EPA Seeks Ideas About Zero-Emission Port Projects

A zero-emissions drayage truck. Photo via Port of Long Beach.

In May, the Environmental Protection Agency (EPA) published a request for information (RFI) about how the agency can best develop funding programs to support the build-out of zero-emission energy and transportation infrastructure at ports.

The 2022 Inflation Reduction Act (IRA) provides $4 billion to the EPA to develop grant and rebate funding programs to reduce greenhouse gases and improve air quality. There are two focuses: a $1 billion Clean Heavy-Duty Vehicles Program and the $3 billion Grants to Reduce Air Pollution at Ports.

Funds go to eligible recipients, with the money not dependent on annual federal budget cycles.

The EPA’s RFI lists a number of priority concerns, including: 

  • The availability, market price and performance of zero-emission trucks.
  • Zero-emission port equipment, electric charging and other fueling infrastructure needs for zero-emission technologies in the near term, i.e., 1-3 years for trucks and vehicles and 1-5 years for port equipment, and:
  • Whether the system components are manufactured in the U.S.

Future programs would be shaped by a mix of policy issues. With federal funds, for example, the Build America Buy America Act requires that iron, steel, manufactured products and construction materials used in infrastructure are produced in the U.S.

Waivers can be granted but that’s not an easy process and depends on many factors, including the price and availability of domestically sourced materials and products.

The EPA’s RFI asks numerous specific questions within five broad areas:

  1. Technology availability and market readiness. The focus is on zero-emission, heavy-duty trucks, up to Class 8 trucks greater than 33,000 pounds that can be used at seaports.
  2. Performance, including reliability and durability and how zero-emission equipment compares to diesel counterparts.
  3. Pricing.
  4. Domestic materials sourcing and manufacturing.
  5. Other practical considerations, such as equipment implementation and related issues of training, maintenance and facility modifications, as well as the availability of hydrogen from different zero-emission sources.
  6. California and West Coast port and industry officials were among 96 groups and individuals that replied to the RFI. Their responses cover an extensive set of issues.

The following is a summary of some of the replies sent to EPA. All replies are available at https://www.regulations.gov/docket/EPA-HQ-OAR-2023-0216/comments.

Port of Los Angeles

The Port of Los Angeles’ comments are extensive and reference EPA’s inquiry about “other areas of consideration,” in this case, workforce challenges. POLA writes that “the deployment of (zero-emission equipment) will require a reskilling and upskilling of the relevant workforce. The challenges arise from the various types of workforce that utilize the equipment and trucks.”

POLA describes the status and role of the International Longshore and Warehouse Union and the Pacific Maritime Association, which POLA describes as “a multi-employer association made up of the various terminal operators and other companies in the maritime shipping industry.”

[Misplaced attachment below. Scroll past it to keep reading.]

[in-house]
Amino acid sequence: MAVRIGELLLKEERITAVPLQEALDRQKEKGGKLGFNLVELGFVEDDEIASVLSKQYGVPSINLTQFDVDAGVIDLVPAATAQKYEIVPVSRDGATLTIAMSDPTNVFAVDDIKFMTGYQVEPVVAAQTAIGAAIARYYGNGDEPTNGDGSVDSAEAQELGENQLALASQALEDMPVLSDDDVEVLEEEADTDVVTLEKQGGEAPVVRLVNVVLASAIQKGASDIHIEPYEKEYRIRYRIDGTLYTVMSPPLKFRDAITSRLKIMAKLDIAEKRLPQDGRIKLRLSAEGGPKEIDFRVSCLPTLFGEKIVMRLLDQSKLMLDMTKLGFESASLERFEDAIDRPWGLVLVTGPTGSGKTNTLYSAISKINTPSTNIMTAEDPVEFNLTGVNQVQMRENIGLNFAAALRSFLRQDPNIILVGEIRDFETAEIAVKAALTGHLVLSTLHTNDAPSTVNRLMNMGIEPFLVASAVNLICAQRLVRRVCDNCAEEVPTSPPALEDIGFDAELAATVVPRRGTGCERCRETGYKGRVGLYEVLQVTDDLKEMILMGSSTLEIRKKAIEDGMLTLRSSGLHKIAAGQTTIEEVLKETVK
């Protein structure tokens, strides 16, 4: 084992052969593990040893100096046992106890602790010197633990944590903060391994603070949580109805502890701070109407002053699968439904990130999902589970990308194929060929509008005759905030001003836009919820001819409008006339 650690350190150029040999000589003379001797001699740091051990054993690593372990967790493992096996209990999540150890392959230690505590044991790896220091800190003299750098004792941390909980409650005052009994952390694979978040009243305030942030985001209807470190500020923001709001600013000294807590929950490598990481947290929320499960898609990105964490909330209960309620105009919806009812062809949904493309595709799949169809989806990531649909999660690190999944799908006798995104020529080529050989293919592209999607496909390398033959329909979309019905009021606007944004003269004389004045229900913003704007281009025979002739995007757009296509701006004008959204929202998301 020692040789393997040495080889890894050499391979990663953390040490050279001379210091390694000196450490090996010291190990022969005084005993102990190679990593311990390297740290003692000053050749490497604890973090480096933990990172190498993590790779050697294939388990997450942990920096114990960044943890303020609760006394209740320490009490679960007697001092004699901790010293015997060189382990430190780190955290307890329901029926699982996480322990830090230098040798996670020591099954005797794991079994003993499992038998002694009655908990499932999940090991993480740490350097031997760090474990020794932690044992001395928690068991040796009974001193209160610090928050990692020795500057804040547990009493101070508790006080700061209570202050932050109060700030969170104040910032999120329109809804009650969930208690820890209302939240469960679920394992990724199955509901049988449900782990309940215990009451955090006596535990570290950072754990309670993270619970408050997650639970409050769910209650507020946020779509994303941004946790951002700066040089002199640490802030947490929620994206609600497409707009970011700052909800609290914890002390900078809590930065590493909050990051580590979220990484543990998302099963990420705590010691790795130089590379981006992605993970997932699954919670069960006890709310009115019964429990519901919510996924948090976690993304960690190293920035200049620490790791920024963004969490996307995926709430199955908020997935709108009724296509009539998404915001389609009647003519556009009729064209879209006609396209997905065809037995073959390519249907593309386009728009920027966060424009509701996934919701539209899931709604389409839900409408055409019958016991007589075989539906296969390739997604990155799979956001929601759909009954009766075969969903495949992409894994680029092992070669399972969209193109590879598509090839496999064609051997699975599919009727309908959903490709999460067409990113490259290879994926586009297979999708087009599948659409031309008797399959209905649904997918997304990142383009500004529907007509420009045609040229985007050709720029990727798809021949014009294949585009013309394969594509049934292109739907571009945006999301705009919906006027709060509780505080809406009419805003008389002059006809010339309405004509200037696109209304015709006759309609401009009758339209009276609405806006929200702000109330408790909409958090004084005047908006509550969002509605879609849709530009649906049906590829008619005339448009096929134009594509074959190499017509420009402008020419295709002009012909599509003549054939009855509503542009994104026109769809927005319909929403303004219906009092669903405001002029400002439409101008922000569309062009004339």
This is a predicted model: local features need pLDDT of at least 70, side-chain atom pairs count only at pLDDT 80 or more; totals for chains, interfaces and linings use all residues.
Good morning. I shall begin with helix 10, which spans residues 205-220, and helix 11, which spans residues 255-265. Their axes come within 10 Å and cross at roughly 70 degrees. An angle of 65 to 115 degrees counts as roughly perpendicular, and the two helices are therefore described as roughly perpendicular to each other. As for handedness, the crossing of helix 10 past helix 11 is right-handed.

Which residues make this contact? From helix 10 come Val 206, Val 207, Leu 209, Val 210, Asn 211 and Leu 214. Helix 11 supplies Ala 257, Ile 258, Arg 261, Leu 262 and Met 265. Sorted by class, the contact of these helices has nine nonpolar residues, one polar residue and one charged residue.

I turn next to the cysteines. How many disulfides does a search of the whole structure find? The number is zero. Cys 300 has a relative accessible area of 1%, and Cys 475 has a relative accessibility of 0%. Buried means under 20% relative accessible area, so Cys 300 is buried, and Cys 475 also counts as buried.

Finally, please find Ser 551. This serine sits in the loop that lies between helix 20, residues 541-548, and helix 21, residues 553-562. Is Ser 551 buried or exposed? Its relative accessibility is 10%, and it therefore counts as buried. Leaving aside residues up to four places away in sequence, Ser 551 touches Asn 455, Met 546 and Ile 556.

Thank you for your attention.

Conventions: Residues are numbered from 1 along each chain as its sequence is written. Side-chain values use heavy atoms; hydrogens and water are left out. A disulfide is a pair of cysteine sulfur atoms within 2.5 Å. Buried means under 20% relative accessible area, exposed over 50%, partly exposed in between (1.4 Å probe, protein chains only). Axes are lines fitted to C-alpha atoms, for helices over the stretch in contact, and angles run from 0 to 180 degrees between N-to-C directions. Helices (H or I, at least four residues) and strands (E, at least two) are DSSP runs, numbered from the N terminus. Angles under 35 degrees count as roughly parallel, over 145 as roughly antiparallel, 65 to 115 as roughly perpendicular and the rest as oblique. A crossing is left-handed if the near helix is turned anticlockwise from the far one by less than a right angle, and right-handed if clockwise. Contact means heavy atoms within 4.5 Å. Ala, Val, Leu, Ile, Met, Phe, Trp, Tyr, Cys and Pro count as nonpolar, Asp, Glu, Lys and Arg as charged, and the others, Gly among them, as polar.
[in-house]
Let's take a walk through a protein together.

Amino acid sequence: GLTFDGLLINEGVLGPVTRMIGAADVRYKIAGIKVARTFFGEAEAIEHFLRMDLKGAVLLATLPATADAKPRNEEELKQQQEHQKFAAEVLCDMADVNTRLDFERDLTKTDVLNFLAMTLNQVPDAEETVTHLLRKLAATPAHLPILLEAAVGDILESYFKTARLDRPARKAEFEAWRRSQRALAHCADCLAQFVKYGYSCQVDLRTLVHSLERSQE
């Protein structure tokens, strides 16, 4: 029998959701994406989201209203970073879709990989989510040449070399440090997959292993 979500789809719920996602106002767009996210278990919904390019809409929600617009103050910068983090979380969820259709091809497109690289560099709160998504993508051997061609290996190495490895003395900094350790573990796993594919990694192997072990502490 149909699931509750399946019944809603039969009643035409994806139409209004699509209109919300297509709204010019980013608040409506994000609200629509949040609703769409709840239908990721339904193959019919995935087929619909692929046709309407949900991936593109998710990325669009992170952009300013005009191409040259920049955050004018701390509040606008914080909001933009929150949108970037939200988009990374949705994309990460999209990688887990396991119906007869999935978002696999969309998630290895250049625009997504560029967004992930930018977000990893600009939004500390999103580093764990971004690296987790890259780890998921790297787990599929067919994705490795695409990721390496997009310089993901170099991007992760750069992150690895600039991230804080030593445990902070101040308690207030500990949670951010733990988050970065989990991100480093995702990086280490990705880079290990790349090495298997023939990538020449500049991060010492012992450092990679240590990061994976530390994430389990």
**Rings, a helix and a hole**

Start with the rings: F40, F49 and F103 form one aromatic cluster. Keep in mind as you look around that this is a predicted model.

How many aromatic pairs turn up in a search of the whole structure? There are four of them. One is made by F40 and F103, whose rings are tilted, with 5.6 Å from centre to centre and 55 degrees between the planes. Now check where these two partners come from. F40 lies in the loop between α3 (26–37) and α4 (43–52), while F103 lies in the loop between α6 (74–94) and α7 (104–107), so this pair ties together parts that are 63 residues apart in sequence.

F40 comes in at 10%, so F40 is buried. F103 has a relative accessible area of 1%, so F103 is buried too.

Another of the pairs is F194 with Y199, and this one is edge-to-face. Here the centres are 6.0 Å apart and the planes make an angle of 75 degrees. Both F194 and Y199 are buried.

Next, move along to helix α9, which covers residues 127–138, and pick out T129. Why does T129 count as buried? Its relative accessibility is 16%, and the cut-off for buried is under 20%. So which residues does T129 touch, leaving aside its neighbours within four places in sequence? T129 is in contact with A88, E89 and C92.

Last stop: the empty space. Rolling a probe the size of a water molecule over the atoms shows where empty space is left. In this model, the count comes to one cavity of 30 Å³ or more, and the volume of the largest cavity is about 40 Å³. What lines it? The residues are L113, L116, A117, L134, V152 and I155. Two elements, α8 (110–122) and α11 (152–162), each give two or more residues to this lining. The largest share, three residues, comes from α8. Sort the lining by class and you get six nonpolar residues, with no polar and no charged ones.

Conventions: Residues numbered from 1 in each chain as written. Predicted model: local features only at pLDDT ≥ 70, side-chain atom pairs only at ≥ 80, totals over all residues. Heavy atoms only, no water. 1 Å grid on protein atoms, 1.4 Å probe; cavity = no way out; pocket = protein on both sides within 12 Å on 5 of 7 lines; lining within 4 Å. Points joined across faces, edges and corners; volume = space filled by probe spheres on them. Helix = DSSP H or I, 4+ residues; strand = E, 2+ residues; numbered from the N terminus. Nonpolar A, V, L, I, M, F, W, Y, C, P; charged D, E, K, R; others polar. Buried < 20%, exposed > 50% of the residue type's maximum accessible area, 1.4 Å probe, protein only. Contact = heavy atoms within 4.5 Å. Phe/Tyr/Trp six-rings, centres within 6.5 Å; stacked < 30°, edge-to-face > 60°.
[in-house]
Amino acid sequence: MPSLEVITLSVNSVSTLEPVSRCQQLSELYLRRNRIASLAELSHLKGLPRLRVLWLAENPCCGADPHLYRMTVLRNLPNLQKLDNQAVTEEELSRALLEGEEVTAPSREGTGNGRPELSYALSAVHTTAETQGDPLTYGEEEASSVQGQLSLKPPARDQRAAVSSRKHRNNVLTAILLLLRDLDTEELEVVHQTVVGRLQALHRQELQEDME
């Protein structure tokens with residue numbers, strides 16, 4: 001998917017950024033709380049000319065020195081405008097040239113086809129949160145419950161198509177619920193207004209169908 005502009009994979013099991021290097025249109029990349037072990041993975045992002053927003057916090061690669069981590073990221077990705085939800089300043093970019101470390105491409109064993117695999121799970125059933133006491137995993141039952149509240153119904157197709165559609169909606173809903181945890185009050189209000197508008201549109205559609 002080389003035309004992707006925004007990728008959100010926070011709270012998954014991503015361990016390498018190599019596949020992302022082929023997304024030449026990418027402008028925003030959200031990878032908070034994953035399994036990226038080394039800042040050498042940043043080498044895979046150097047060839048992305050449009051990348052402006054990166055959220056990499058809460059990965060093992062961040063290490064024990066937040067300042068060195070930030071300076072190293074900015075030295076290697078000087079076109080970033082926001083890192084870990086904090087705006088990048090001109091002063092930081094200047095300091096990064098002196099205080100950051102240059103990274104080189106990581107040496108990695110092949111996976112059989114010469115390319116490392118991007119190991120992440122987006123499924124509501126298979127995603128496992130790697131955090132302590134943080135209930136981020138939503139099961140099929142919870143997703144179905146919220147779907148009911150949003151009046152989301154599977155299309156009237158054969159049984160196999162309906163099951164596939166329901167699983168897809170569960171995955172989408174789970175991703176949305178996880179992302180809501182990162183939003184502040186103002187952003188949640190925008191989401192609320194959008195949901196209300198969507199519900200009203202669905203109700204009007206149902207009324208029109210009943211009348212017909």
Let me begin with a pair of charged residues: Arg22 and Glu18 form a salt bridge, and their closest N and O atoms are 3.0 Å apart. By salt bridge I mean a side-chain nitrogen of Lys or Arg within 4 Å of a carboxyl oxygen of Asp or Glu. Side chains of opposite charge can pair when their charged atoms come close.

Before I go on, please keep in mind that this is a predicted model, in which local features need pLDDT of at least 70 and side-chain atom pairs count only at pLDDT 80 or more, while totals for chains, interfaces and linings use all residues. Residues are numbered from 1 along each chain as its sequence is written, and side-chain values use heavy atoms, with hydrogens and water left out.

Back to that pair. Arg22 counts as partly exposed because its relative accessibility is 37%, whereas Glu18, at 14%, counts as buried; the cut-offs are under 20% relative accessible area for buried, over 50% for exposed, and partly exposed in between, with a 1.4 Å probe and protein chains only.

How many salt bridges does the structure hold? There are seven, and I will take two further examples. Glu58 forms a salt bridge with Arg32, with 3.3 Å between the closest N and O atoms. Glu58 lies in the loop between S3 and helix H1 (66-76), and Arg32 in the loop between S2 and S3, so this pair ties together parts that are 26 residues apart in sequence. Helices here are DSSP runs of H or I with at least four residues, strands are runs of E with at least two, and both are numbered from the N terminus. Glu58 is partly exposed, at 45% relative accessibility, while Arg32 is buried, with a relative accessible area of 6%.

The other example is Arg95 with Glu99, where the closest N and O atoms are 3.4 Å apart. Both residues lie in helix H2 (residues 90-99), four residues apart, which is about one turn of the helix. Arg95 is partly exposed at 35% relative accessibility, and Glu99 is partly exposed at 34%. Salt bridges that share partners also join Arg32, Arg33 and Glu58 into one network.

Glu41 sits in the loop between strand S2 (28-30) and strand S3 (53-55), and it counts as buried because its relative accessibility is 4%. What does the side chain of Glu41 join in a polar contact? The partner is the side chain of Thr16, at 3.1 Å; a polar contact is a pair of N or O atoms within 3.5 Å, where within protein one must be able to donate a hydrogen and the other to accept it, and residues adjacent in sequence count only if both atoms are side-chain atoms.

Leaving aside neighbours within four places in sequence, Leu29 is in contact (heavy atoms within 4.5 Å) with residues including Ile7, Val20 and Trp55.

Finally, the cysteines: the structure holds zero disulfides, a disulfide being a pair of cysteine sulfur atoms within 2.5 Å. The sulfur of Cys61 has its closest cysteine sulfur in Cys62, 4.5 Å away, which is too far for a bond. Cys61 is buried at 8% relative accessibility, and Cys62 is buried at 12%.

Port employees operate under a collective bargaining agreement that includes wages and training. New training, the port explained, would be conducted under the collective bargaining agreement. The port wrote that “the challenge for this workforce is to make sure that workers receive state-of-the-art training in a safe environment on how to use and maintain zero emission cargo handling equipment.”

The port also commented that zero-emission vehicles and technology will cause changes to the location of the port’s workforce because the companies and workers that make up this new energy sector are more geographically spread out and operate under different types of business models.

Therefore, the POLA advises EPA that “training a more separated workforce is going to require greater coordination across the region with employers, workers, academic institutions and state and local workforce development boards.”

Of the 1,200 companies registered in the San Pedro Bay drayage truck registry, 40% use five trucks or fewer. The port advises that in addition to subsidies for zero-emissions purchases, a prospective grant program should also make funding available to employers who want to partner with a port authority and academic institutions to provide training to their workforce on how to operate and maintain battery, electric or hydrogen fuel cell trucks.

Port of Long Beach

The Port of Long Beach’s comments included letting private entities qualify for funding.

“Public entities such as the port are resource limited,” the POLB wrote, “and cannot feasibly create access for terminal operators and other private entities to all of the state and federal incentive programs that are only eligible to public entities.”

A larger pool of eligible recipients could speed up new investments in a host of projects, from zero-emission cargo equipment to charging and fueling infrastructure for trucks to shore power deployments.

STAX Engineering, a company based in Long Beach, suggests that the EPA expand the zero-emission concept to include emission-capture technology, of particular importance for vessels at berth, many of which need to keep generating their own power, usually via oil or gas.